Method #2

MS KB 309173 has another fix for this bug. To configure Windows XP to search all files no matter what the file type, obtain the latest service pack for Windows XP (currently SP2) and then turn on the Index file types with unknown extensions option.

If you use this method, Windows XP searches all file types for the text that you specify.

This can affect the performance of the search functionality. To do this, see directions in the above article.

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I appreciate your link to the article, but neither of the methods seemed to work. I ran the VB Script and the key already existed. I changed the registry value per the suggestion in method #2 and then re-indexed my folders, and it still isn't working. Perhaps what you are referring to is "Windows Search" instead of "Windows Desktop Search," which was developed for Vista but released for XP as well prior to Vista's release. –  Ben McCormack Jan 1 '10 at 19:18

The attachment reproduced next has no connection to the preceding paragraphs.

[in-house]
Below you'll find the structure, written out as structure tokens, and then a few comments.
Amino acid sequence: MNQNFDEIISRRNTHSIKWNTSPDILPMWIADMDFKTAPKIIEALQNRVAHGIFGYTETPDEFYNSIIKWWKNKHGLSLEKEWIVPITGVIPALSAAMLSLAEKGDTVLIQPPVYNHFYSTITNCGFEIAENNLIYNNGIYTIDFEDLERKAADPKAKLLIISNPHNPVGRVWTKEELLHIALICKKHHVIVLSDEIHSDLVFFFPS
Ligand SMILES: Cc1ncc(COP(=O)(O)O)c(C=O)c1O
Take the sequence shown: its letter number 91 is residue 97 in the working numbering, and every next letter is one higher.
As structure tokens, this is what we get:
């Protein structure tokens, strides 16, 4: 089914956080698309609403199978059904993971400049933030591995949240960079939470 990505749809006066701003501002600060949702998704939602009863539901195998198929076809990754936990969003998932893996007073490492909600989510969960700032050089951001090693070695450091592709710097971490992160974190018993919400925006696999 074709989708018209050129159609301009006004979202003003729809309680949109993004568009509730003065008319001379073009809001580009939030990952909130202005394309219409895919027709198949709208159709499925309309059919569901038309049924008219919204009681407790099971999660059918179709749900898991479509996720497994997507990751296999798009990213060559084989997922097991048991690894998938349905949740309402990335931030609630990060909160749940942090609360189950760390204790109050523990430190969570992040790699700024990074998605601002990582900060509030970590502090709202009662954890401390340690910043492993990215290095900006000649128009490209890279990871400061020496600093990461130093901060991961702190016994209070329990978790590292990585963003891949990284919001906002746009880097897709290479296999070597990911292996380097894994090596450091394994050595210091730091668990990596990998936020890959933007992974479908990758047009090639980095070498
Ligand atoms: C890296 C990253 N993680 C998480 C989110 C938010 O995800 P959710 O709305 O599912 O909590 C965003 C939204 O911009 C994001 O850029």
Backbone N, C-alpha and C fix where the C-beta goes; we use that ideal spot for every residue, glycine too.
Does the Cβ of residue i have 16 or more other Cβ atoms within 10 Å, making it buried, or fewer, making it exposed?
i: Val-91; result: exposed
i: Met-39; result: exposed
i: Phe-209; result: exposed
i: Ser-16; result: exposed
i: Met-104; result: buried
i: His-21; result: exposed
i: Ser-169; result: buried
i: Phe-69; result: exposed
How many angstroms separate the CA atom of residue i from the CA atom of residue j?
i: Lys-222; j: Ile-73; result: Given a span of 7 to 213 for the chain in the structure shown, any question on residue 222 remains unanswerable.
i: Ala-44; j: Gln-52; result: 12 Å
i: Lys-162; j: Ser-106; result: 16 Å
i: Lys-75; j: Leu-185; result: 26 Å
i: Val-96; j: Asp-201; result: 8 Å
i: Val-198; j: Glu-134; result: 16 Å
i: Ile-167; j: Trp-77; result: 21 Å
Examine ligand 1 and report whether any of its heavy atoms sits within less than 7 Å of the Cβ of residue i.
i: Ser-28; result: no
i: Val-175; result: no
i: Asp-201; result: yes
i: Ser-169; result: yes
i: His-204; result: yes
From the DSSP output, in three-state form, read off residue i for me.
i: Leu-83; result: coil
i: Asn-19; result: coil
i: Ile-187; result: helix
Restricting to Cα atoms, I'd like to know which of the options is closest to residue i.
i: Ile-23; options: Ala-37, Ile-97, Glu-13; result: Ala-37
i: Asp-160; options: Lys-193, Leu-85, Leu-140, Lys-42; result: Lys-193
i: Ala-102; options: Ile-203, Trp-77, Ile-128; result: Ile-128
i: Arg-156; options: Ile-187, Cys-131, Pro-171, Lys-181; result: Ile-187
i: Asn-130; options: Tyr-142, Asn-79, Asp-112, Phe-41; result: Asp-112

I believe that the links I gave are in essence correct, in that the PersistentHandler for the .sql extension is wrong and needs to be replaced. However, much more research is required to nail it down. –  harrymc Jan 1 '10 at 19:44

Many search engines need some kind of module, frequently called a "connector" to figure out how to interpret a file.

I note that in the screenshot, the SQL file is listed as "Plain Text". Even though the file is just plain text, Windows Search may expect the .sql file to be something other than text and simply ignores it.

To test the hypothesis, make a copy of the file, change the extension to ".txt", and then force a re-index.

Something else to check, perhaps with a more powerful text editor (my favorite is gVim - http://www.vim.org/download.php#pc) to see if the initial "magic number" of the file is different from a normal text file.

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I believe SharePoint uses something called an iFilter and WDS might use the same thing, though I'm not sure. I tried out gVim per your recommendation. From what I could tell, nothing seemed different in the .sql files vs. the .txt files. However, I maybe didn't look at something correctly. –  Ben McCormack Jan 1 '10 at 19:40
    
Ben McCormack, did you try the experiment I suggested? –  pcapademic Jan 2 '10 at 5:02

protected by harrymc Jan 1 at 15:23